Photo/Illutration A Toyota Group factory in Inabe, Mie Prefecture (Takashi Narabe)

Japanese automakers welcomed a last-minute deal that will exempt cars running on e-fuels from the European Union’s landmark law to end sales of CO2-emitting new vehicles in 2035.

The exemption “will certainly help Japan,” said a senior official of a Japanese car manufacturer.

A complete shift to electric vehicles would be unrealistic given the unstable supply of rare earth metals needed to make batteries for the vehicles as well as the risk posed to national economic security, the official added.

Germany managed to include the exemption in the deal approved by EU countries in an 11th-hour attempt on March 28.

Germany argued that the exemption was needed to protect jobs in the industry that produces combustion-engine cars, including hybrid vehicles.

Italy joined Germany in making the case for cars running on synthesized fuels.

E-fuels are considered carbon neutral because they are made from captured CO2 and green hydrogen to offset the CO2 released from fuel-combustion engines.

Porsche AG, Robert Bosch GmbH and Shell are among companies researching and developing e-fuels.

Traditional technologies can be applied to produce engines that use e-fuels, which can then be supplied through existing gas stations.

Toyota Motor Corp. officials said the exemption marks a significant step for the survival of combustion-engine cars.

The company has set a target of selling 3.5 million EVs in 2030.

However, the EU’s decisive policy shift toward EVs has been a great concern to Toyota, which offers a wider range of cars that include hybrid and plug-in hybrid vehicles, along with fuel-cell vehicles.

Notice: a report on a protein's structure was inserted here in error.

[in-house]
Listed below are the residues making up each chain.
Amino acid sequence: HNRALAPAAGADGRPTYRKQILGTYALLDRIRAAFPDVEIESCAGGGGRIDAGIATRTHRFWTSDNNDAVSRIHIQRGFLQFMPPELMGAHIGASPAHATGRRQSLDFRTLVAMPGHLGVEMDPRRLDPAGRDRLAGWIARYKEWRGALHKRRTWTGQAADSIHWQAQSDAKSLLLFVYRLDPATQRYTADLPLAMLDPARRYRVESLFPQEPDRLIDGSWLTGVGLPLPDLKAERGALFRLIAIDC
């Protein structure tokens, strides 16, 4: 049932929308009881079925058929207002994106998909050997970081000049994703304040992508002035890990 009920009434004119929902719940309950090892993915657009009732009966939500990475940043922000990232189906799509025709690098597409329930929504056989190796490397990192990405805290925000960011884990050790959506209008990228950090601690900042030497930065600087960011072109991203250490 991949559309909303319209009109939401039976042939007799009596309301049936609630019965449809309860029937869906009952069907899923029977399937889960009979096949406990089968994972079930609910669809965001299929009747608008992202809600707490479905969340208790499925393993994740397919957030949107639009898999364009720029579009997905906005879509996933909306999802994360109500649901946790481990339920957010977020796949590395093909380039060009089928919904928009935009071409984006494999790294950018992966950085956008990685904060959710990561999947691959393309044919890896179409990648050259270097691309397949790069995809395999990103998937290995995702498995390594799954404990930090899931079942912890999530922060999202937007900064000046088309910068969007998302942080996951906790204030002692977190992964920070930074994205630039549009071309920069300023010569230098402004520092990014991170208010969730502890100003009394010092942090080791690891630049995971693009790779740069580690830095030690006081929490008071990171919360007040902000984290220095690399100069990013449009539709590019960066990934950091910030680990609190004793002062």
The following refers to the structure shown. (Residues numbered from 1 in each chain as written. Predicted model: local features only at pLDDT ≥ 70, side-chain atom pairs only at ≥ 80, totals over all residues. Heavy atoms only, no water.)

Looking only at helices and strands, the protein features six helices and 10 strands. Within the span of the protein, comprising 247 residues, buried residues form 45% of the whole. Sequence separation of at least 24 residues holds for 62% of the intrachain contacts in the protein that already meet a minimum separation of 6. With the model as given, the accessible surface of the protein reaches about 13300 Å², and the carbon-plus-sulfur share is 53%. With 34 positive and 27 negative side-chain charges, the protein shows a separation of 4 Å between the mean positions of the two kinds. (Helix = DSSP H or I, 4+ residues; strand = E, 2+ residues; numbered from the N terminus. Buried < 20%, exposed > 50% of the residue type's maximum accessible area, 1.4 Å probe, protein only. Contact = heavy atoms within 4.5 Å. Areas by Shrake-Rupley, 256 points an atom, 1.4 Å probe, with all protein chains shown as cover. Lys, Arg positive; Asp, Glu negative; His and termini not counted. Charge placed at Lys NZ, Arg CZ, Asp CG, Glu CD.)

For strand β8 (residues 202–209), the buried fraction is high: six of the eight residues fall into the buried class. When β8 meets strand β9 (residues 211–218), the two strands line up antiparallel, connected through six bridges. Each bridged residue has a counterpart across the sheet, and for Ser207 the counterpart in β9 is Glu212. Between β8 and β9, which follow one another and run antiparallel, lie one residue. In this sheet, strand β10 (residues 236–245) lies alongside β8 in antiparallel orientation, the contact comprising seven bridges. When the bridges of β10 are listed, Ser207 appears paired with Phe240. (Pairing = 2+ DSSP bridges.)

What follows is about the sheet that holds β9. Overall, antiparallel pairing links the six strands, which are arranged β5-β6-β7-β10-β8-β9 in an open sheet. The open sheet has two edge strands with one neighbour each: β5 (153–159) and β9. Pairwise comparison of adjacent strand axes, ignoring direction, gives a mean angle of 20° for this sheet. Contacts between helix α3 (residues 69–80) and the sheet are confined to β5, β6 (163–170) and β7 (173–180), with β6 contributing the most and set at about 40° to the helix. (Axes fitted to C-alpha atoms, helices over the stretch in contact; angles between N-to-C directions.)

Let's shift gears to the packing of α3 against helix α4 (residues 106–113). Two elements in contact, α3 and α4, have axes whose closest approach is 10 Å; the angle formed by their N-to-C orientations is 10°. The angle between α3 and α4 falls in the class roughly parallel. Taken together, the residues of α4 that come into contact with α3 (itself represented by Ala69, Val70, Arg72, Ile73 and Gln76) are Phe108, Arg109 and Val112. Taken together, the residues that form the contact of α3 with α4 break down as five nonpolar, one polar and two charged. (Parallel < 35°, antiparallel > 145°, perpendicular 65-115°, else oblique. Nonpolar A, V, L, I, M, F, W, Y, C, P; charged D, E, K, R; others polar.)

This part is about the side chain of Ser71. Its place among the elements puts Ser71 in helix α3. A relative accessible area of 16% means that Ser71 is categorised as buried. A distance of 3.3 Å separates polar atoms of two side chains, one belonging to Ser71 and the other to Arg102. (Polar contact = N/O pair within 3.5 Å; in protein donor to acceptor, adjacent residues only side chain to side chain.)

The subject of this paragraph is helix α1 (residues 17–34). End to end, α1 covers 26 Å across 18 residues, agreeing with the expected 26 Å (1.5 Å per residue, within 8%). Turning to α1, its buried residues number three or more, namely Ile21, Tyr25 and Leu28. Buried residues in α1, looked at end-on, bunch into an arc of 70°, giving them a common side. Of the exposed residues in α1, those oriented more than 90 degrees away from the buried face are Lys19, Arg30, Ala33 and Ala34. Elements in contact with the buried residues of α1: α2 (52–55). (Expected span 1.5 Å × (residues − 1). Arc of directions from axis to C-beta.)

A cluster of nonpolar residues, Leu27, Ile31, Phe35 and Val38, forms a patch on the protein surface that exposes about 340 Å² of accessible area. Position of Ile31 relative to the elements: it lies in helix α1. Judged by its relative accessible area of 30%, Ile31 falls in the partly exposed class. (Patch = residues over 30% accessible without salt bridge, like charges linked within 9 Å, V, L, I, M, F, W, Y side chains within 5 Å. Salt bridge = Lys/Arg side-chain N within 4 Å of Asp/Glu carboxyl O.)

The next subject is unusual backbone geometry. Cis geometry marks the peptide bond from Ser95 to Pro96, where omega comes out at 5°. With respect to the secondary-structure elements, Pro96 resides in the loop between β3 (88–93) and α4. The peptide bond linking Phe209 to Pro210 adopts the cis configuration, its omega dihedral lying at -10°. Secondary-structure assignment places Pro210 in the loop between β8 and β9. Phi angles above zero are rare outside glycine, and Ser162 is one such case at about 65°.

There is a growing global competition for rare earth metals that are essential for EV batteries. Manufacturers in a number of industries are heavily dependent on China for the elements.

One major challenge for e-fuels is the high production cost. They are produced at 700 yen ($5.30) per liter, a few times higher than that of gasoline, according to the economy ministry.

Technology to capture CO2 from the atmosphere and low-cost production of hydrogen are also vital to producing e-fuels for public use.

A Brussels-based nongovernmental organization called Transport & Environment warns that e-fuel vehicles could also become a loophole for the fossil fuel industry if drivers run the vehicles using cheaper gasoline.

However, the global shift toward EVs seems irreversible, with most European manufacturers concentrating their resources on battery cars.

Seiji Sugiura, a senior analyst at Tokai Tokyo Research Institute Co., said he had expected the exemption made in the deal.

“Although the latest development helps Japanese automakers, they still have to work hard to make cheaper EVs anyway because the EU’s push for EVs is unlikely to change,” Sugiura said.

A senior official of Honda Motor Co. emphasized that the company doesn’t need to review its shift toward EVs. Honda has pledged to make all of its new cars EVs or fuel cell vehicles in 2040.

(This article was written by Takashi Narabe, Kyohei Kondo and Shinya Wake.)